Water surprise: how two molecules can have the same, but also the opposite, effect
30 Nov 2020
- Paige Stevenson



TMAO and magnesium perchlorate perturb water structure in an opposing manner, yet surprisingly have an additive effect in slowing water dynamics.

Harrison Laurent working on NIMROD at ISIS.



​Despite Mars regularly reaching temperatures well below freezing point, evidence is growing that liquid water once flowed on its surface and multiple sub-surface lakes of water remain. In a previous experiment, researchers from the University of Leeds, in collaboration with ISIS Neutron & Muon Source, explain​ed how this may be possible. They are now applying their findings much closer to home.

The team found that magnesium perchlorate, Mg(ClO4)2, compresses the structure of water in a similar manner to large external pressure. This could prevent ice formation, with water remaining in a liquid state at sub-zero temperatures. One of their subsequent studies showed that TMAO, which is a naturally occurring osmolyte that protects proteins from denaturation, can partially restore this perturbation by restoring hydrogen bond networks.​​​

Liquid water plays key structural and dynamical roles in biology, including acting as a 'universal solvent'. Just like flow on Mars, cellular water is affected by solutes.

In their most recent study, published in The Journal of Physical Chemistry, the researchers combined nuclear magnetic resonance (NMR), neutron diffraction on NIMROD and computational modelling. This provided a powerful tool to examine the solute-induced perturbations of both water structure and dynamics in solutions containing TMAO and Mg(ClO4)2 .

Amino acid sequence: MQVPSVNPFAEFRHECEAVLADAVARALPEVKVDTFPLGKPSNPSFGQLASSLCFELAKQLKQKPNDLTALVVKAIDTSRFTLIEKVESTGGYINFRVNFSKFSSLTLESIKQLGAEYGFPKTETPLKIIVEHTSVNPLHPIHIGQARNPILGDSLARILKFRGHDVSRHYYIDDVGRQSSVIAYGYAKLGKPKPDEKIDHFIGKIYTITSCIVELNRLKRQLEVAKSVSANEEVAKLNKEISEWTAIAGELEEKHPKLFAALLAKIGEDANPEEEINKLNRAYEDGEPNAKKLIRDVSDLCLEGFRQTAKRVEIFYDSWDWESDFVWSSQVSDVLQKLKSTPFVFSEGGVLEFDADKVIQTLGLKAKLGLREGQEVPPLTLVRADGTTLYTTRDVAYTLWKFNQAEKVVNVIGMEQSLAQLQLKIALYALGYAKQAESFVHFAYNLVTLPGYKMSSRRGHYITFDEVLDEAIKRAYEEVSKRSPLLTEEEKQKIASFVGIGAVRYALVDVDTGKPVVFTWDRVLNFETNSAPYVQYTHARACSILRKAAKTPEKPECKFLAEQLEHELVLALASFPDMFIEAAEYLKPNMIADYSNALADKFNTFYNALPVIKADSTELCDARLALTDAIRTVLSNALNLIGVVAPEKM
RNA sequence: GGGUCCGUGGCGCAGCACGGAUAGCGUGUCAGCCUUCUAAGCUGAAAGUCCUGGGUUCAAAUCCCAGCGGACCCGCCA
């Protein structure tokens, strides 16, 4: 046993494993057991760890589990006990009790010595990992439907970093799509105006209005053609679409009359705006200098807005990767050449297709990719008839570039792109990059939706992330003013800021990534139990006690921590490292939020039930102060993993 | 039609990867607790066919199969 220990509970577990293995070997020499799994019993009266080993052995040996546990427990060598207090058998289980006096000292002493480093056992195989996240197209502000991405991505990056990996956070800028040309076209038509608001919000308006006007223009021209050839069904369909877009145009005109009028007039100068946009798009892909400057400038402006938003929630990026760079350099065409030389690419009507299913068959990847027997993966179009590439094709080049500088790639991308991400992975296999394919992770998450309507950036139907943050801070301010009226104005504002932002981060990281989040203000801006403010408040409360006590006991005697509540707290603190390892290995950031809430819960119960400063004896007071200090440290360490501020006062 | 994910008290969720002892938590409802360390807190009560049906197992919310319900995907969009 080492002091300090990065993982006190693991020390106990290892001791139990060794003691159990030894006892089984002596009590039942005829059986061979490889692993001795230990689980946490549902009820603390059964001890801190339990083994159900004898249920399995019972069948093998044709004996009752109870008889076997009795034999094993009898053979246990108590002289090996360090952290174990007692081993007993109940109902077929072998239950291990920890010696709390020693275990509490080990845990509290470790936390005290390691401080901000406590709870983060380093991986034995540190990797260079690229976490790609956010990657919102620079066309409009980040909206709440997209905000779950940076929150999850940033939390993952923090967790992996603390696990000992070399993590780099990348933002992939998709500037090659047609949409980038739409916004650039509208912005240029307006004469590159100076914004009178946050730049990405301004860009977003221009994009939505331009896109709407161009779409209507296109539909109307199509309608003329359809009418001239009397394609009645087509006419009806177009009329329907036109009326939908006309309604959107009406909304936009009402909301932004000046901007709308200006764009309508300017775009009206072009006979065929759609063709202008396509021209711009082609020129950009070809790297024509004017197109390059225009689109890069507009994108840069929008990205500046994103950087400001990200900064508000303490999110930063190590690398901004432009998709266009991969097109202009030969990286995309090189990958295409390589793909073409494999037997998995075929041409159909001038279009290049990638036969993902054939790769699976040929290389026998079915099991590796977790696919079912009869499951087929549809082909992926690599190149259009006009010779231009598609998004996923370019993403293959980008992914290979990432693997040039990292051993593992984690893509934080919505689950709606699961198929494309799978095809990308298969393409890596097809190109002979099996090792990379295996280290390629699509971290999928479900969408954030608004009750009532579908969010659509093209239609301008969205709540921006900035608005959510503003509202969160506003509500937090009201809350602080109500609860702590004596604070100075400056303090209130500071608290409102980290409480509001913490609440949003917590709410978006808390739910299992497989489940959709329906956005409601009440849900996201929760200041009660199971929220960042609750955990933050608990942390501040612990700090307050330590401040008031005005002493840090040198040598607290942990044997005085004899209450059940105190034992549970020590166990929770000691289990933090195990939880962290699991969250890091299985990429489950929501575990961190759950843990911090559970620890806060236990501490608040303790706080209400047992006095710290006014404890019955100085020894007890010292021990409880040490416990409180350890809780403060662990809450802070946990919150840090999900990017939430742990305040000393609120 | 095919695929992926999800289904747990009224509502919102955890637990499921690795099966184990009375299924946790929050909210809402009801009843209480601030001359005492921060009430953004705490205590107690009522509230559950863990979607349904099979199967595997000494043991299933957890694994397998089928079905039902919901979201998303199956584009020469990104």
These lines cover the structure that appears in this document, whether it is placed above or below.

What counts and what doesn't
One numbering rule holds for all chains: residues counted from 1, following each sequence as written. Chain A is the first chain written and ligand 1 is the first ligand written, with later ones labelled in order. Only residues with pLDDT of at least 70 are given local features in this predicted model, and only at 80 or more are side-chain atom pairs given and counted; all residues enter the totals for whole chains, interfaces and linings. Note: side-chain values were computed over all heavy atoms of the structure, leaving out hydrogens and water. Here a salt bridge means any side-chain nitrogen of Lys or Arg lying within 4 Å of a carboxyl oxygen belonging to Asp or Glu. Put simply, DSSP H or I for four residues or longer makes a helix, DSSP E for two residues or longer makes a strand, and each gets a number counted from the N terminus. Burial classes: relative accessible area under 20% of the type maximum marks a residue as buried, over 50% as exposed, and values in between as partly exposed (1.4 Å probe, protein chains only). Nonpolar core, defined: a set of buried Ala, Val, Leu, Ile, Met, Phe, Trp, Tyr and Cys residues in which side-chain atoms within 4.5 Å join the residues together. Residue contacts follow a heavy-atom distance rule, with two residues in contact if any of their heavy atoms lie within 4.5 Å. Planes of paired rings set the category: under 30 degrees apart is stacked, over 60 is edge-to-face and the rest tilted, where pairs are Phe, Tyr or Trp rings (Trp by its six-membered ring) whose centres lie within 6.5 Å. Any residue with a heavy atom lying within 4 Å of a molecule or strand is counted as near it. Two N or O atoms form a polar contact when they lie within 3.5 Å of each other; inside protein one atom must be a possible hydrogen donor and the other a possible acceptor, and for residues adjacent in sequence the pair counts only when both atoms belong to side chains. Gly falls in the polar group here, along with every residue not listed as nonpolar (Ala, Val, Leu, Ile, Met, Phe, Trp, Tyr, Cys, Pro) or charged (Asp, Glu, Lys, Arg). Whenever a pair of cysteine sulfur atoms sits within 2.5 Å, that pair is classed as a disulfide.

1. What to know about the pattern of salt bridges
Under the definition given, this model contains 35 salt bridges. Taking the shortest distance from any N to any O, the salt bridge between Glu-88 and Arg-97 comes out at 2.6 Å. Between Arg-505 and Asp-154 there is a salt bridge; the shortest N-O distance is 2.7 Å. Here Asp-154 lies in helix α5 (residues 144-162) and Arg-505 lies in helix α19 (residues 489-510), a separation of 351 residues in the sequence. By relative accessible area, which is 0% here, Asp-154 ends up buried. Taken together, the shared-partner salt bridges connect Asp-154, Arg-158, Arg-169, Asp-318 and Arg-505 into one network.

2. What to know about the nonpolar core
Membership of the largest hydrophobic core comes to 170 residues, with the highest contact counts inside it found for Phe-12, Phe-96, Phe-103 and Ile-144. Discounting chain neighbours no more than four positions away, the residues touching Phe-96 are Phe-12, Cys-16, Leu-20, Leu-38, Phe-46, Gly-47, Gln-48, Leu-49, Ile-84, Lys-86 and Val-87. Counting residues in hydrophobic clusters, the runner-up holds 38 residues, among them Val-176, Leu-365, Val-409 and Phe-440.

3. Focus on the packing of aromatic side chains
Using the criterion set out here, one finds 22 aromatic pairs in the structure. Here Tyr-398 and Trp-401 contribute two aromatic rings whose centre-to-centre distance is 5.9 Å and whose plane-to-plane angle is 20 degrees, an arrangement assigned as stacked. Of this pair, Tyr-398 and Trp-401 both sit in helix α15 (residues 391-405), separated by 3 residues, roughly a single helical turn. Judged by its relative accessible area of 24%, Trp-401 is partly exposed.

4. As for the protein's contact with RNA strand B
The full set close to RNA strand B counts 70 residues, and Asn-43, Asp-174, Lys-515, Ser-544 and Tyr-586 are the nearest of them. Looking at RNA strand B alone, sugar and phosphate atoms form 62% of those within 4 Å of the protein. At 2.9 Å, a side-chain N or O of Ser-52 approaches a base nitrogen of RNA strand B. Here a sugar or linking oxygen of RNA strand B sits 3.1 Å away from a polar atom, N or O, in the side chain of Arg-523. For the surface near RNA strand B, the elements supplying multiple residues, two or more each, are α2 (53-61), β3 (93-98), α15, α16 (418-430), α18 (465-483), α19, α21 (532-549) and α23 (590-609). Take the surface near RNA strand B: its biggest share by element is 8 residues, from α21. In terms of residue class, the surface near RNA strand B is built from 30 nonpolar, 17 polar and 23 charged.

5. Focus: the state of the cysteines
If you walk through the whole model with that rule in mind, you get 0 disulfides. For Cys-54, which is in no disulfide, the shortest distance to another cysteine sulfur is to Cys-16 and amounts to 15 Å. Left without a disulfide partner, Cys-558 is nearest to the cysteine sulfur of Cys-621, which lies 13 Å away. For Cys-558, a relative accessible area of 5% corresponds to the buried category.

The two solutes cancelled out each other's perturbation; Mg(ClO4)2 weakened hydrogen bonds between the water molecules whereas TMAO strengthened them.

However, both solutes slowed the dynamics of water molecules present in the system. A particular hydrogen bond conformation, the bifurcated hydrogen, occurs as an intermediate step whilst a water molecule switches hydrogen bonding partners.

Three steps of a water molecule switching hydrogen bonding partners. The second step is the bifurcated hydrogen conformation.

​A water molecule switching hydrogen bonding partners, including the bifurcated hydrogen conformation occurring as an intermediate.

Their neutron diffraction and computational modelling revealed fewer hydrogen atoms in this conformation after TMAO and Mg(ClO4)2 addition. This signifies less frequent hydrogen bond switching events and therefore slower dynamics. NMR confirmed that the combined effect of the two solutes was additive.

Using a new quantification technique – plotting the data as a function of total solute concentration with an additional weighting factor – the researchers found that TMAO was 1.54 times more effective at perturbing water structure and dynamics than Mg(ClO4)2. This method could be applied to any complex aqueous system, making future studies on other solutes much easier.

Harrison Laurent working on NIMROD at ISIS.

Harrison Laurent, one of the researchers working on this project who is funded by an ISIS Facility Development Studentship, has recently returned to NIMROD to continue this research; “We are extending the study to solutions of larger biomacromolecules," He says; “By using the new DISSOLVE analysis software, created by ISIS facility scientist Dr Tristan Youngs, on NIMROD we can extend our previous studies to larger systems."

The next step is to find out whether the biological molecules can survive high physical pressures and understand how the addition of solutes might protect them against pressure denaturation. The combination of the new DISSOLVE structural refinement software and the NIMROD instrument enables a step change in the model systems which can be explored.

Photograph: Harrison Laurent on Nimrod in November 2020

Each of these steps forward in this area of research helps to build the scientific method needed to understand the natural limits to life on Earth, as well as intriguing clues to the possibility of life on Mars…

This project was funded by an EPSRC Fellowship grant (EP/P02288X/1) to Professor Lorna Dougan, School of Physics and Astronomy, University of Leeds and was a collaboration with Professor Michael Ries and Dr Daniel Baker, University of Leeds and Prof Alan Soper, ISIS facility. 

The full paper can be found online at DOI: 10.1021/acs.jpcb.0c07780​